Both Tebow and Lin are outspoken Christians as well. Tebow is also stout on what he believes when it comes to certain branches of Christianity. He pulled out of an event sponsored by prosperity preacher "pew-jumper" Rod Parsley. That was impressive. Lin is known to quote John Piper, and to share Bible verses on his Twitter account. Being as involved in social media as I am, with following blogs, and Twitter, I see a lot of Christians posting items about Tebow and Lin on a daily basis. With all that, I see a danger. The danger is of being idolatrous.

I've always thought sports has the danger of being idolatrous. Churches often use sports as a way to attract men, with sports-themed Bible studies, inviting a sports star to speak at a breakfast, etc. There is nothing wrong with these, but if that's the only way a church attempts to attract men, then there might be a danger. Tebow and Lin aren't the only professional sports stars out there who happen to be outspoken Christians. Albert Pujols led the St. Louis Cardinals to their World Series win last year. He also runs a charity dedicated to making life better for disabled people. He shares the Gospel with base runners as they pass first base where he plays.

Every day, I see Christians posting/sharing videos highlighting what these sports stars are doing, making up words such as #tebowing, which is  reference to how Tebow bows on one knee. People have been "tebowing" in public, in the store, in school, etc. I've heard Christians talk about "tebowing" and then laughing about it. It's almost a mockery of something that Tebow is doing in faith. And we are idolizing it and idolizing Tebow. Tim Tebow is just a sinner like you and me, saved by God's Grace. The same goes for Jeremy Lin. They have the same Lord and Savior, Jesus Christ. I fear that we are making a mockery of their faith by putting them on pedestals. They have God-given talents, but so do a lot of other professionals who don't have faith. Maybe their faith does help them play better, but let's not idolize it. I believe they want to be just like us, but they have talents that we don't have. There are other just as talented players who are also believers. We are putting them down by focusing on others.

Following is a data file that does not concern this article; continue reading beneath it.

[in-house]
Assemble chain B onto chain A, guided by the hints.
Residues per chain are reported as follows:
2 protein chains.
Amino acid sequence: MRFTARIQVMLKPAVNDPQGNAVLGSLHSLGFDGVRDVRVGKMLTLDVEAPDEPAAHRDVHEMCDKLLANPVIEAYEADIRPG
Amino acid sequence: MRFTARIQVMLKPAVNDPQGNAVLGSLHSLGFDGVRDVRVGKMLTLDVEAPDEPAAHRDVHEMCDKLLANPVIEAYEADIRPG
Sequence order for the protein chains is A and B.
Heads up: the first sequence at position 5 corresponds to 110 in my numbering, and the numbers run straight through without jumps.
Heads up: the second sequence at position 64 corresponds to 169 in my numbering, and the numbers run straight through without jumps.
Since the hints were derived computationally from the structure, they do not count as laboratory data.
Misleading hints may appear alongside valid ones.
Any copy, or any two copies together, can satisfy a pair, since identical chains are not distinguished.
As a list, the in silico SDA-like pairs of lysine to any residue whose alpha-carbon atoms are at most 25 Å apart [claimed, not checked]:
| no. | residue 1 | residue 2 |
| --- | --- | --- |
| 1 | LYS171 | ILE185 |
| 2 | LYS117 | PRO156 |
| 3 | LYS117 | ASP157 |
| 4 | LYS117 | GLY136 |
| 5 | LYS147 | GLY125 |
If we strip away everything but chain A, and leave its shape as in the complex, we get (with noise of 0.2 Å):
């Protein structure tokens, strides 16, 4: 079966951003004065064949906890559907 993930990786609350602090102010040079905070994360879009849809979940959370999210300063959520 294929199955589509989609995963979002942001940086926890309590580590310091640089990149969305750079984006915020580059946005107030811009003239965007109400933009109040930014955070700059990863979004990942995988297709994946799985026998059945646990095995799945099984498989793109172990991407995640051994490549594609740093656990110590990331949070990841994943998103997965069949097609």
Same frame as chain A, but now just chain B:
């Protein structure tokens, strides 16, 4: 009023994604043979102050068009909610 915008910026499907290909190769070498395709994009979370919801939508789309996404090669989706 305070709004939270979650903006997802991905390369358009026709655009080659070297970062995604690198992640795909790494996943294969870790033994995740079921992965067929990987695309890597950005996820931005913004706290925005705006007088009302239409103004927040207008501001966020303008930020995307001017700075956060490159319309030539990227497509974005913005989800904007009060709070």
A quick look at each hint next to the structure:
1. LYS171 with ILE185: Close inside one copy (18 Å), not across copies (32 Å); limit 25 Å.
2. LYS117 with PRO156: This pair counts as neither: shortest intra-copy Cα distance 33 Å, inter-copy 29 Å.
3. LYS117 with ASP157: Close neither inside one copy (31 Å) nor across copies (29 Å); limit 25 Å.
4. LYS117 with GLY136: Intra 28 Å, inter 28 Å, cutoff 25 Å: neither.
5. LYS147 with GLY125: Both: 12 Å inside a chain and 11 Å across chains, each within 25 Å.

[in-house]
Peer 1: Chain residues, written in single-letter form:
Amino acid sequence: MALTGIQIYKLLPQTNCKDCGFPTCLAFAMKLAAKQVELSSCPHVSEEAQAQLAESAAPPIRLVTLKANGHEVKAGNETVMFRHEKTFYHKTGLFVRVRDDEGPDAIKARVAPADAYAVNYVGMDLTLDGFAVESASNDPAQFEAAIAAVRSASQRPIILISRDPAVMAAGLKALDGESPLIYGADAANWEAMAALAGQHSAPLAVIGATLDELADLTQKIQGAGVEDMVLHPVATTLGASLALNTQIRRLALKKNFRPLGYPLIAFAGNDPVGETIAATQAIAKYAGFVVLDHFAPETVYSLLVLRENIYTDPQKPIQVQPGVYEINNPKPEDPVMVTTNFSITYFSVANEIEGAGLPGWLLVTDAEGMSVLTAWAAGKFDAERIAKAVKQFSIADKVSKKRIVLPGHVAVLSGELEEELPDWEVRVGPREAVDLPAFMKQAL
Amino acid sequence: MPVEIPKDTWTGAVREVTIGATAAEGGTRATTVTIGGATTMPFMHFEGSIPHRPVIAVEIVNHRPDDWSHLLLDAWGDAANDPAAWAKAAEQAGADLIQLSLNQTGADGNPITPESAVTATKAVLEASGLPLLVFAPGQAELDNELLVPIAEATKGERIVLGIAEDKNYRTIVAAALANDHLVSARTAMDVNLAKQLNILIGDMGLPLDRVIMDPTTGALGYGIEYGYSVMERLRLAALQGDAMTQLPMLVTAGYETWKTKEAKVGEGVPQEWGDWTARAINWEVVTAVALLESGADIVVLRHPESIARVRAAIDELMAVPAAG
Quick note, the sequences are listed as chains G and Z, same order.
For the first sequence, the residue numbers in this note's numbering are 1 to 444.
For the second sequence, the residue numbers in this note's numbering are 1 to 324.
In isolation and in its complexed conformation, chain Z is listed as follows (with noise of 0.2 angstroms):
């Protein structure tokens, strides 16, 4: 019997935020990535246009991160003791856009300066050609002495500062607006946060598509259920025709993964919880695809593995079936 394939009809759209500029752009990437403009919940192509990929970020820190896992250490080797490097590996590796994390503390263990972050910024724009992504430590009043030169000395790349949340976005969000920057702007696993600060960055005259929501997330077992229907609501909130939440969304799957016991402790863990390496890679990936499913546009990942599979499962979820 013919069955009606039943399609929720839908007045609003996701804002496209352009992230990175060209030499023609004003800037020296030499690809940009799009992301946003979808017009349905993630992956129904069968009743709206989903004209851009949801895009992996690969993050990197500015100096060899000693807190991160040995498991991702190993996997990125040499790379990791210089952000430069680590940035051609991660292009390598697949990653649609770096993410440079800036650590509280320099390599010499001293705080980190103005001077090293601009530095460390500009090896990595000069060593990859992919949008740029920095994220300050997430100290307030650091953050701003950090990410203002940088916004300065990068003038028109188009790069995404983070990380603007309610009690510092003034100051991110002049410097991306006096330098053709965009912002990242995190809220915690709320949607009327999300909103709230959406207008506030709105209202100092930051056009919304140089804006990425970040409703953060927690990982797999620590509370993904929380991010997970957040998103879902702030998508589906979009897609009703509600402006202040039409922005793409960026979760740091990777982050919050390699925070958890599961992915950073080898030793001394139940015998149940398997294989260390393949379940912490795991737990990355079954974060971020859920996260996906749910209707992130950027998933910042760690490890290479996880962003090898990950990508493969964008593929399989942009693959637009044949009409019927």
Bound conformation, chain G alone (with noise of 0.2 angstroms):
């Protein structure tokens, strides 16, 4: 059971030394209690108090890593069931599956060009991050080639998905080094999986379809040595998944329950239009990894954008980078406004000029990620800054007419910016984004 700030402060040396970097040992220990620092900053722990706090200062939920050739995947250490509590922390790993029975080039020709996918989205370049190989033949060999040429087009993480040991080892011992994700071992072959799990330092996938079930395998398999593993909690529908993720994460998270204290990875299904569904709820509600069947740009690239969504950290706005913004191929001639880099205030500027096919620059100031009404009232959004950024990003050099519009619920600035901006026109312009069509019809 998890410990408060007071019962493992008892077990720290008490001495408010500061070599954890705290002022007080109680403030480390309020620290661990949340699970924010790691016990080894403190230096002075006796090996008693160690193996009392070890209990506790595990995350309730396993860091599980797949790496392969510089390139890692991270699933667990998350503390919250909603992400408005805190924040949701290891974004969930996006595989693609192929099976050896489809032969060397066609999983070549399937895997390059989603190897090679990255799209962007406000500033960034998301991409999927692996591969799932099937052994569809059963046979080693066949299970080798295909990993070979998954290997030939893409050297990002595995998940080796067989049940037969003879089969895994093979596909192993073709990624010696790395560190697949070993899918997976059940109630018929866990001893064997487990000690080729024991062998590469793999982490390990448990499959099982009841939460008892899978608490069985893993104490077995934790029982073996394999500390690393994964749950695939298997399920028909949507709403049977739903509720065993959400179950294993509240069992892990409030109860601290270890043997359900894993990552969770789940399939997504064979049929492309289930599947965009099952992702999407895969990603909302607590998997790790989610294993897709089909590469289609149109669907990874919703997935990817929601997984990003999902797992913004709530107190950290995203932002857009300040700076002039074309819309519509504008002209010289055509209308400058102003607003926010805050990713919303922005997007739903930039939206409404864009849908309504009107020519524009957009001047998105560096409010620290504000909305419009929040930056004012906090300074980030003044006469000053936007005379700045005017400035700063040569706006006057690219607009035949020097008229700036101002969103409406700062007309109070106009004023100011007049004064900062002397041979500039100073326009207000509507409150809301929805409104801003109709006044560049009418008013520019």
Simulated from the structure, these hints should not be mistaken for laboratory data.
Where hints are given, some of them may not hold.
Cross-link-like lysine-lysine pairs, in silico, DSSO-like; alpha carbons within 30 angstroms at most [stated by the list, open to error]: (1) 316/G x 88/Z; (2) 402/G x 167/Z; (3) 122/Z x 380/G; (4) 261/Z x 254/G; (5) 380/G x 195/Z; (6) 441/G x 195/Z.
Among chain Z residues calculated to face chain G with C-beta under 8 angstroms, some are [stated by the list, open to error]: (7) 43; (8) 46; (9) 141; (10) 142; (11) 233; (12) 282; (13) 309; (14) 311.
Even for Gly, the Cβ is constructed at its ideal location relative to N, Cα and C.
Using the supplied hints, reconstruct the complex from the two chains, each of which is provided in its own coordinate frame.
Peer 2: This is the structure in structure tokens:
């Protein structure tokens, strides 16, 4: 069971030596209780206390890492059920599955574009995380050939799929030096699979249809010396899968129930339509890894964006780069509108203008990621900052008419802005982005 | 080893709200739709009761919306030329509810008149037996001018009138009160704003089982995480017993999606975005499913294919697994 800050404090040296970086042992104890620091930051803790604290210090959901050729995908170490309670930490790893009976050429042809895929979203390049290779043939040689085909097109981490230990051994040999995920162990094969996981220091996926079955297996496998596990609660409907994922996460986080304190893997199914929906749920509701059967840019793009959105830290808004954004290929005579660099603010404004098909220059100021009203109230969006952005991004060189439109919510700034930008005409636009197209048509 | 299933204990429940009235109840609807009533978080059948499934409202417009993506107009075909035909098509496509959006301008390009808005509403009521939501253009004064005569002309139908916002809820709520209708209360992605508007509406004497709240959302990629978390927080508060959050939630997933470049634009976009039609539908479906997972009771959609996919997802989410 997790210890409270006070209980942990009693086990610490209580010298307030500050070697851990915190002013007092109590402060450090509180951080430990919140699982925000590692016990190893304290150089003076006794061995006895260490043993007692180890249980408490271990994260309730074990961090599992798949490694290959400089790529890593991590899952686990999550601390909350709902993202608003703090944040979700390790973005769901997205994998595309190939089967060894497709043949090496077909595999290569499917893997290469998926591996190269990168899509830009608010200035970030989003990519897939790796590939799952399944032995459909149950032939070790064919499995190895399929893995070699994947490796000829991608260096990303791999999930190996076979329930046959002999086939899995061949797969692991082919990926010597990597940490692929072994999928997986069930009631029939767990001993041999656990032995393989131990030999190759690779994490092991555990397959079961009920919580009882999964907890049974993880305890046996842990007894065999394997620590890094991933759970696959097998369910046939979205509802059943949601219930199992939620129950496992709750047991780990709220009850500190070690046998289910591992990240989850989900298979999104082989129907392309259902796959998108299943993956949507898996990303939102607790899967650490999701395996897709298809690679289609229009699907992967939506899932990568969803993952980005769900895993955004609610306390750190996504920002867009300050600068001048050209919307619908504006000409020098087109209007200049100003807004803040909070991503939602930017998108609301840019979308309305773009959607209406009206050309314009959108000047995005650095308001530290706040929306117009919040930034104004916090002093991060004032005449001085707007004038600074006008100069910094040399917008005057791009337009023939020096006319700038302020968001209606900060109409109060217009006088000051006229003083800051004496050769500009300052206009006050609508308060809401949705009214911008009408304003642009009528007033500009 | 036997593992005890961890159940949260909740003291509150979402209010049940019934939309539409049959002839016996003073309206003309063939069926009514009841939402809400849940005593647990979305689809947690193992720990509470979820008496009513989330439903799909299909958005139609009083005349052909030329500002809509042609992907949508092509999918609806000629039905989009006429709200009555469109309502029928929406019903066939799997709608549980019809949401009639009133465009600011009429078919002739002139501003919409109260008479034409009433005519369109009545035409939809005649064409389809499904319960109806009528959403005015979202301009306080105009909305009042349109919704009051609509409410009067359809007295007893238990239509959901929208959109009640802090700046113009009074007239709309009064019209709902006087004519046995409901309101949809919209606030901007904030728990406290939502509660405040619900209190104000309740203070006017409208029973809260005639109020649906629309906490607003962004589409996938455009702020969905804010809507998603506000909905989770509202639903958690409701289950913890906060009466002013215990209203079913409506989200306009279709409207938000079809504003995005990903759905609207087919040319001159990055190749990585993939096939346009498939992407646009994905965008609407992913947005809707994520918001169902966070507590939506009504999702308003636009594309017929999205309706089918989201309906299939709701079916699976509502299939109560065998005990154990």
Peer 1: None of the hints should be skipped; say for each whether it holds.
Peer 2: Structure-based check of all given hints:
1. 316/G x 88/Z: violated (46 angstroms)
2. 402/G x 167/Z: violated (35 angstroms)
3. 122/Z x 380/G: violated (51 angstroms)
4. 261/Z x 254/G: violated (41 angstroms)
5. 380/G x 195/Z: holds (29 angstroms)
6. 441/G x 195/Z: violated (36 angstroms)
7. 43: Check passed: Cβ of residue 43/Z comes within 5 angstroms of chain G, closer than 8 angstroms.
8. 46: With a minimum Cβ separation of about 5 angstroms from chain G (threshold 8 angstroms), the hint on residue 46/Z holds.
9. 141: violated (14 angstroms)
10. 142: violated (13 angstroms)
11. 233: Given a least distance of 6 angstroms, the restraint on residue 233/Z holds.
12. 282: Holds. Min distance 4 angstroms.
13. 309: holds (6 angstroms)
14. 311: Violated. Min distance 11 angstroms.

But I say, walk by the Spirit, and you will not gratify the desires of the flesh. For the desires of the flesh are against the Spirit, and the desires of the Spirit are against the flesh, for these are opposed to each other, to keep you from doing the things you want to do. But if you are led by the Spirit, you are not under the law. Now the works of the flesh are evident: sexual immorality, impurity, sensuality,
(Galatians 5:16-19; Galatians 5:20-26 ESV) idolatry, sorcery, enmity, strife, jealousy, fits of anger, rivalries, dissensions, divisions, envy, drunkenness, orgies, and things like these. I warn you, as I warned you before, that those who do such things will not inherit the kingdom of God. But the fruit of the Spirit is love, joy, peace, patience, kindness, goodness, faithfulness, gentleness, self-control; against such things there is no law. And those who belong to Christ Jesus have crucified the flesh with its passions and desires.
If we live by the Spirit, let us also keep in step with the Spirit. Let us not become conceited, provoking one another, envying one another.

(Galatians 5:16-19; Galatians 5:20-26 ESV)

Do not be idolaters as some of them were; as it is written, “The people sat down to eat and drink and rose up to play.”

Therefore, my beloved, flee from idolatry.

(1 Corinthians 10:7, 10:14 ESV)

Put to death therefore what is earthly in you: sexual immorality, impurity, passion, evil desire, and covetousness, which is idolatry. On account of these the wrath of God is coming. In these you too once walked, when you were living in them. But now you must put them all away: anger, wrath, malice, slander, and obscene talk from your mouth. Do not lie to one another, seeing that you have put off the old self with its practices and have put on the new self, which is being renewed in knowledge after the image of its creator. Here there is not Greek and Jew, circumcised and uncircumcised, barbarian, Scythian, slave, free; but Christ is all, and in all.

(Colossians 3:5-11 ESV)

For the time that is past suffices for doing what the Gentiles want to do, living in sensuality, passions, drunkenness, orgies, drinking parties, and lawless idolatry. With respect to this they are surprised when you do not join them in the same flood of debauchery, and they malign you; but they will give account to him who is ready to judge the living and the dead. For this is why the gospel was preached even to those who are dead, that though judged in the flesh the way people are, they might live in the spirit the way God does.
(1 Peter 4:3-6 ESV)